"Let the world know we are Christians not by our support of discrimination but by our love," Sullivan said.

I'm thankful for leaders such as these. This is what Christianity should be.

Monday, June 05, 2006

things I love today

In no particular order:

1) Seattle.
2) My new apartment in Seattle. It's good to be back home again.
3) The very helpful building managers in my new apartment.
4) The T1 line that this building has that costs only $20/month and that was set up as simply as plugging the ethernet cable into the back of my computer.
5) Vonage, which is plugged in through a router (which came free after instant rebate from Vonage), which was also really easy to set up, and which costs $25.00/month for unlimited local and long distance. Buh-bye, phone company!
6) My kids, who helped make my first full weekend in the apartment lots of fun.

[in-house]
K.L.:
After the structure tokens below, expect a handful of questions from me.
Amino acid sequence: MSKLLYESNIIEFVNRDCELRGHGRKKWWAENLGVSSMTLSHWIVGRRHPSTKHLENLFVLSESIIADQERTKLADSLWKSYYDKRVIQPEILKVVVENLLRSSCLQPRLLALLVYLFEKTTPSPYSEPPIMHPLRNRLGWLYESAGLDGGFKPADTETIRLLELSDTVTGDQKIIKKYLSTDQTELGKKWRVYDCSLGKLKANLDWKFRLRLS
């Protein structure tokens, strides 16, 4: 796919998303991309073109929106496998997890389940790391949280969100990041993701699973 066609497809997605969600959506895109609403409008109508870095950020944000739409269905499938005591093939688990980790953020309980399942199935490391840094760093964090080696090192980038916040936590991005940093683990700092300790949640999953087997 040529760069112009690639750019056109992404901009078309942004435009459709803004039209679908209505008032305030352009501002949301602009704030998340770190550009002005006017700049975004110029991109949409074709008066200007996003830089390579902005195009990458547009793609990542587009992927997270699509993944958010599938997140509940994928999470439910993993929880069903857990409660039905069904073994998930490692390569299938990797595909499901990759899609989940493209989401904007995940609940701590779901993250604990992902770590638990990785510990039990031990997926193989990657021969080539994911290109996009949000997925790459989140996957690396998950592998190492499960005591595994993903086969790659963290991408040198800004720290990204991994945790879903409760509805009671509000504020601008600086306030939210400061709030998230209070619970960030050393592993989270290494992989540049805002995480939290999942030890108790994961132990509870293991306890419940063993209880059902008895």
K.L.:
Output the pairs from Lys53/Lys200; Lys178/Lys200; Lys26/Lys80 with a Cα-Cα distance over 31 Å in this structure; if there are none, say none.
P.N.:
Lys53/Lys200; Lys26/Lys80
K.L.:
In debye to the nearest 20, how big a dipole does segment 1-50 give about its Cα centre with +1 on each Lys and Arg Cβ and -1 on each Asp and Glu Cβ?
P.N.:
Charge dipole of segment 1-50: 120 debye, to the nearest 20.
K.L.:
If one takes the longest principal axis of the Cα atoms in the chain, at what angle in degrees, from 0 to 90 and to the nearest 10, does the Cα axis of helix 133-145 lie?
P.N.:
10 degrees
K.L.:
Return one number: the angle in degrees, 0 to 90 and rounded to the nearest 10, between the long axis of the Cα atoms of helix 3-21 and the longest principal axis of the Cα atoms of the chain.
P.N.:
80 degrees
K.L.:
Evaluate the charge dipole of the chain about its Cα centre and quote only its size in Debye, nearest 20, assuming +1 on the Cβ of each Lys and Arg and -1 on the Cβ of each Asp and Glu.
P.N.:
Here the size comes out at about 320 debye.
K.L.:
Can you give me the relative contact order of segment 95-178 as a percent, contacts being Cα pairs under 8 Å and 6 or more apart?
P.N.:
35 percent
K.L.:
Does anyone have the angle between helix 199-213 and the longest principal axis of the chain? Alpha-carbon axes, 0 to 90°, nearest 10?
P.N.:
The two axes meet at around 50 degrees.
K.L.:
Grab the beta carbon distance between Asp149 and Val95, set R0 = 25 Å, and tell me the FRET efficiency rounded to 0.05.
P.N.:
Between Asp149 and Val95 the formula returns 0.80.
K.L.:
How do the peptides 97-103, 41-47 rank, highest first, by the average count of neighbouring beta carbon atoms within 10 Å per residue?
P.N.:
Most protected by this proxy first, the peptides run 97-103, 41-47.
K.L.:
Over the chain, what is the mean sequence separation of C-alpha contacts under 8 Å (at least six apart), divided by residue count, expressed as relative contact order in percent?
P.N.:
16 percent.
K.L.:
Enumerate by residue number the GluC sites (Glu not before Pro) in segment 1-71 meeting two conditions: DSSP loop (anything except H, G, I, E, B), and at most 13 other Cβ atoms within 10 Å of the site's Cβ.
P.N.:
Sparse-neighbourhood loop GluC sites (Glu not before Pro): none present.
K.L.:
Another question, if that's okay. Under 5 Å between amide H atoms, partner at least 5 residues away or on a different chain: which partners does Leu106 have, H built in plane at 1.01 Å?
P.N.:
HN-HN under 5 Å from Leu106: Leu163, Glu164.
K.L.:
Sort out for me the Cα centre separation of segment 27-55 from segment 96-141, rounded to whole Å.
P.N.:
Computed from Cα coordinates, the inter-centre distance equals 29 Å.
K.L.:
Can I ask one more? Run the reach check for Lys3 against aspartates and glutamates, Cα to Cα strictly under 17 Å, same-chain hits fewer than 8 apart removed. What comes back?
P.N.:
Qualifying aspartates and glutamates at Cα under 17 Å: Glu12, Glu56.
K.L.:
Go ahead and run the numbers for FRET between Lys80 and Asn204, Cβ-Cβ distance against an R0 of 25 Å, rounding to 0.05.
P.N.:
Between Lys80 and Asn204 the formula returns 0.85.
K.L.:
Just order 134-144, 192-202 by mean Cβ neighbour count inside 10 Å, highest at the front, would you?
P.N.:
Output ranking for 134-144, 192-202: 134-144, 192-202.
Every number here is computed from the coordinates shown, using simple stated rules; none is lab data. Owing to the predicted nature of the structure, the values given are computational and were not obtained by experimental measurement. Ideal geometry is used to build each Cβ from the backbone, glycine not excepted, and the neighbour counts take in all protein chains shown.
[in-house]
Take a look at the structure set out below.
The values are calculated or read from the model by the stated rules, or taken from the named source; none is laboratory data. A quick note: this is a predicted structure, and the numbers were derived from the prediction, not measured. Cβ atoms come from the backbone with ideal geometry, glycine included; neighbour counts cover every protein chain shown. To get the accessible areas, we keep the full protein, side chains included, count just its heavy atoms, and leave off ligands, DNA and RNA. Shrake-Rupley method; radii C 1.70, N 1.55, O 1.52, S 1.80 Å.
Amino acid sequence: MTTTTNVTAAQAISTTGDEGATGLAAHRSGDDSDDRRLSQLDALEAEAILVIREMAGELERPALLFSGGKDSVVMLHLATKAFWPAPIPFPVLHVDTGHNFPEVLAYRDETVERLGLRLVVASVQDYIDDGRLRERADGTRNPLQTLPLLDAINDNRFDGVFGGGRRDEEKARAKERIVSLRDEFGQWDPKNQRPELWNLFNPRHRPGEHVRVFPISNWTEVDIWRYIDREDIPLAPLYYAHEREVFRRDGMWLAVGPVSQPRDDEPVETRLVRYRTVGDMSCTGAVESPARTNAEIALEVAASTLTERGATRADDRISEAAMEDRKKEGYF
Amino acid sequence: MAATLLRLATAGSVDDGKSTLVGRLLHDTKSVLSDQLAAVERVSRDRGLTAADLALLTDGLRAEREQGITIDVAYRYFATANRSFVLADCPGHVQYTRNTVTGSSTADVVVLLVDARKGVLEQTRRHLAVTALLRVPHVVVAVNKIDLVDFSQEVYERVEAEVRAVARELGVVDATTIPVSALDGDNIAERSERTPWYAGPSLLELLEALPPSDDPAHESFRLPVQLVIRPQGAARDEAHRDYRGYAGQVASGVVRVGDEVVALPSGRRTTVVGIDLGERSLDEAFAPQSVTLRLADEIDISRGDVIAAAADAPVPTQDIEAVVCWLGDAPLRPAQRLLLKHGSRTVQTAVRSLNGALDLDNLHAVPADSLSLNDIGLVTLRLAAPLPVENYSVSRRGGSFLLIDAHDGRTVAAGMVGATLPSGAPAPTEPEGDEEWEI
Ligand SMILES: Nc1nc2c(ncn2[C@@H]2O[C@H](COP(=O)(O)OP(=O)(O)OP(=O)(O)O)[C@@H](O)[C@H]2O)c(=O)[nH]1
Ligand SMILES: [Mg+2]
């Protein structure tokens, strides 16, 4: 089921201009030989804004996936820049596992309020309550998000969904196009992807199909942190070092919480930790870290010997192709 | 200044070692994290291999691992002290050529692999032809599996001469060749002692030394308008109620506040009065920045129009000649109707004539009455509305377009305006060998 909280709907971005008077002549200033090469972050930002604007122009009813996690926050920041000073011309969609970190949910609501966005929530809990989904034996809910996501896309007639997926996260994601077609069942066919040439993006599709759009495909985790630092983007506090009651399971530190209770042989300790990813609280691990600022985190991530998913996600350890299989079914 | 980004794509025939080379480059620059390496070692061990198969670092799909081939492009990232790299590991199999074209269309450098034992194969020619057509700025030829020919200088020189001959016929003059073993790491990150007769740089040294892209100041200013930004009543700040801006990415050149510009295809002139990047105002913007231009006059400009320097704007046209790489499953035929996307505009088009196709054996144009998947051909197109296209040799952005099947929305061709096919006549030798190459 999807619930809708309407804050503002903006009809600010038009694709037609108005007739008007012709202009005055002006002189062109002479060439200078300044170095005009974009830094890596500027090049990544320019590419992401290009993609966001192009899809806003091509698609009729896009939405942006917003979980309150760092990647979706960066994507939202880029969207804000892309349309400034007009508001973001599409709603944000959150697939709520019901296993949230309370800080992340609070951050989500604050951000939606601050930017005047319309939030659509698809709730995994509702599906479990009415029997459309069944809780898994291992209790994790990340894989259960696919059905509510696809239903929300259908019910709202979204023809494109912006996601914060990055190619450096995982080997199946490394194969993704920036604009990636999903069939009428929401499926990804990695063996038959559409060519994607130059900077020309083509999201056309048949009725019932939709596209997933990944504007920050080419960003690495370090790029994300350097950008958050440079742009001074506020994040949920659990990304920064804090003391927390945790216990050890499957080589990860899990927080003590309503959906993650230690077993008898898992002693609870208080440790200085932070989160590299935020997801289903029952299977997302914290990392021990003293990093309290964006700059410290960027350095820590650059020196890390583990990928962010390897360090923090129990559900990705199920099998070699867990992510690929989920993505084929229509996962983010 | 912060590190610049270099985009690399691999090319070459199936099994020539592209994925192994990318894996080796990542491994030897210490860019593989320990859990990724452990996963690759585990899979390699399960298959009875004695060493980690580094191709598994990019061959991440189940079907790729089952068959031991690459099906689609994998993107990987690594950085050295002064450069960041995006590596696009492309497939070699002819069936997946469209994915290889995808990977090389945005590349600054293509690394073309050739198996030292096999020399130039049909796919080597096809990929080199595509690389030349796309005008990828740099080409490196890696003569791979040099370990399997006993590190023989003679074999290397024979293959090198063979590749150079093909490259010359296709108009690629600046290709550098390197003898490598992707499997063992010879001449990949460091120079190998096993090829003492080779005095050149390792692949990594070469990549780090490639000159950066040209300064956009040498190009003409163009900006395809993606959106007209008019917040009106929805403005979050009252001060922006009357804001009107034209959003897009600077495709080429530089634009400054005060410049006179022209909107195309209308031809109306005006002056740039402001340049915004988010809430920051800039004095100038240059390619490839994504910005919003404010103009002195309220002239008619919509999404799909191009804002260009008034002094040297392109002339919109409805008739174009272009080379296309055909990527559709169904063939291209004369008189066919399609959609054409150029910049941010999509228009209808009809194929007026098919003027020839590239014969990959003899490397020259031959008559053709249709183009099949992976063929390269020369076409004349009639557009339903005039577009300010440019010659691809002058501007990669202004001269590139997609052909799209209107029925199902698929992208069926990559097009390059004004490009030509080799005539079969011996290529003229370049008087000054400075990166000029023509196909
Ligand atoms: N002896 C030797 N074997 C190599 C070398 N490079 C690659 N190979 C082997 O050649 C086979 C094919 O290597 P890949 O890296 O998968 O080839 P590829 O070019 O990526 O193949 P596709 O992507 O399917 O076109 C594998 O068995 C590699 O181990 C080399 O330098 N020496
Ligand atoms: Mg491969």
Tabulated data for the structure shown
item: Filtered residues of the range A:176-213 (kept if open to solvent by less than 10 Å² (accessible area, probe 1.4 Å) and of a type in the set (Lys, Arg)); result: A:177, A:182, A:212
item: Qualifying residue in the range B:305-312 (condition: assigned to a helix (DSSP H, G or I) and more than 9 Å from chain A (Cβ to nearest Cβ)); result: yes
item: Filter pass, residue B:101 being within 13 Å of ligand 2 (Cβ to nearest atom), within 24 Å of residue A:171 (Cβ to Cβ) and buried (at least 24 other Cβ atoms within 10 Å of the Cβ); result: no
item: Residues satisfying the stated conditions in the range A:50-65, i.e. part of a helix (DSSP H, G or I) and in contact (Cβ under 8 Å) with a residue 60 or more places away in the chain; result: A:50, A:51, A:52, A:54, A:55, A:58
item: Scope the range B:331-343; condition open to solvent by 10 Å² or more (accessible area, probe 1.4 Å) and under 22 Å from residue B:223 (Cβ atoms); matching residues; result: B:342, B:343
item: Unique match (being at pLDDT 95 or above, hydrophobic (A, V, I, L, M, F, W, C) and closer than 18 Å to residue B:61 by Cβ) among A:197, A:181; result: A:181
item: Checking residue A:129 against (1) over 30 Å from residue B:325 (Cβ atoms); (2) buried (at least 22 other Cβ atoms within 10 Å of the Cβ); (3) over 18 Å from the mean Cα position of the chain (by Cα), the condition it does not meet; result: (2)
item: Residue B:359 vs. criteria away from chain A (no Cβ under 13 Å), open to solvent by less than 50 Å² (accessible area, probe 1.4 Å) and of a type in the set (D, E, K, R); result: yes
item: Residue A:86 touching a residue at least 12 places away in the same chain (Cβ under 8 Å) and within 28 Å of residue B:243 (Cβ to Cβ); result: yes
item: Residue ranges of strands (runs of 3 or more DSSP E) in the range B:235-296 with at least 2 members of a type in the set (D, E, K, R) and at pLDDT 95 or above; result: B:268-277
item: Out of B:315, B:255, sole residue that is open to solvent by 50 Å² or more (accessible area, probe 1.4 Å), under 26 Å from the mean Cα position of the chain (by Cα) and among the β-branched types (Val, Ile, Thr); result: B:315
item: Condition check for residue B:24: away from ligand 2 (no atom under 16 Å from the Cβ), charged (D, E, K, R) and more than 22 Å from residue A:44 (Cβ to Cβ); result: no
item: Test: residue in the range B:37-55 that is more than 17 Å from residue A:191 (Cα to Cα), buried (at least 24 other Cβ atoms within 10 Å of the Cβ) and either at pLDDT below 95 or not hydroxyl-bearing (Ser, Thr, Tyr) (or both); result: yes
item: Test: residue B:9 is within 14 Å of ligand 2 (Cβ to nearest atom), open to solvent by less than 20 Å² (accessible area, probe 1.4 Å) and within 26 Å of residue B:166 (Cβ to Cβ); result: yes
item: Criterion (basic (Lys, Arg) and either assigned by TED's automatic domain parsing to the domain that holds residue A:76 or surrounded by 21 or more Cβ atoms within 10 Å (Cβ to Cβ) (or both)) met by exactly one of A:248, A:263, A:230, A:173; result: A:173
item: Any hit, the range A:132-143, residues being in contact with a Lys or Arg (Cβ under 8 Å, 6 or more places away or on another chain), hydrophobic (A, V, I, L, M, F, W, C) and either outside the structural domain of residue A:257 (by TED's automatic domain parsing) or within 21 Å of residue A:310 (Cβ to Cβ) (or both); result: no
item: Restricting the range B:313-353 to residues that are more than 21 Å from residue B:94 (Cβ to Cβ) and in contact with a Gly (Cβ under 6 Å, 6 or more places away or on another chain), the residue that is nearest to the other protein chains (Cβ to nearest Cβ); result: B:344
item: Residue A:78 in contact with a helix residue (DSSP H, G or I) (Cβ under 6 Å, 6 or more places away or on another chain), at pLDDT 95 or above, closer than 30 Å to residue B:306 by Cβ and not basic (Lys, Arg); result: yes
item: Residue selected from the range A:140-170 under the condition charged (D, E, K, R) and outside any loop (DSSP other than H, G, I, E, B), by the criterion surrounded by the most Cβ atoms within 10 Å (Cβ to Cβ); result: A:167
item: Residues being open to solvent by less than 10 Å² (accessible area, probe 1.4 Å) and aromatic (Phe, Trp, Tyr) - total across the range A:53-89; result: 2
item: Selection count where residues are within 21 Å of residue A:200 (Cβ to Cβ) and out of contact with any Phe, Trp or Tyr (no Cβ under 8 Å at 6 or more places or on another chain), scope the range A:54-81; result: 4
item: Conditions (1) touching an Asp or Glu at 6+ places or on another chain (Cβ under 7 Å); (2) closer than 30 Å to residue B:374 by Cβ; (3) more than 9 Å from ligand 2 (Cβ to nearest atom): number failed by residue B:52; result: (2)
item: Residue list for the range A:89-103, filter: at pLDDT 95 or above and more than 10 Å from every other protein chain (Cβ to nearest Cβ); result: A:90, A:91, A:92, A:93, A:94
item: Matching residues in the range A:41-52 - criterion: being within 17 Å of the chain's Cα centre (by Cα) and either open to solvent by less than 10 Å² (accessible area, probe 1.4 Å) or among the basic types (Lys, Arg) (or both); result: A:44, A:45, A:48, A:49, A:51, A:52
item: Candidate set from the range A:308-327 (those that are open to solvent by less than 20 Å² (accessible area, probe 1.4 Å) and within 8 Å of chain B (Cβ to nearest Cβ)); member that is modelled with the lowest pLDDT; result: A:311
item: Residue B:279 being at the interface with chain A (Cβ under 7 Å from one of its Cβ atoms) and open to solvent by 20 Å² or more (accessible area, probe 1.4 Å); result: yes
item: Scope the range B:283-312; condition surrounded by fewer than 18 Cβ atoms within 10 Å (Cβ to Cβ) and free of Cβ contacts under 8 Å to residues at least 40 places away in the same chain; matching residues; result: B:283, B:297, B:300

7) The park nearby, which has a great playground and a trail which leads to it right across from my apartment.
8) My incredible girlfriend, who is now five minutes away, instead of an hour and a half away.
9) My cat, who is settling in nicely, and my girlfriend's multiple pets, who are all a blast (both for me and for my kids).
10) My girlfriend's daughter, who is endlessly entertaining to my two sons.
11) Safeco Field, where the three of us (girlfriend, daughter, and I) will be going tonight. It'll be girlfriend's first baseball game in Seattle (she followed several other teams growing up) and her daughter's first baseball game anywhere (I think).
12) Woodland Park Zoo, where the boys and I now have a family pass.
13) Ikea.
14) Prozac.

And I could add multiple things I love related to writing or editing, but just this once, I'll post something completely unrelated to either.

Friday, June 02, 2006

Top Page Views for May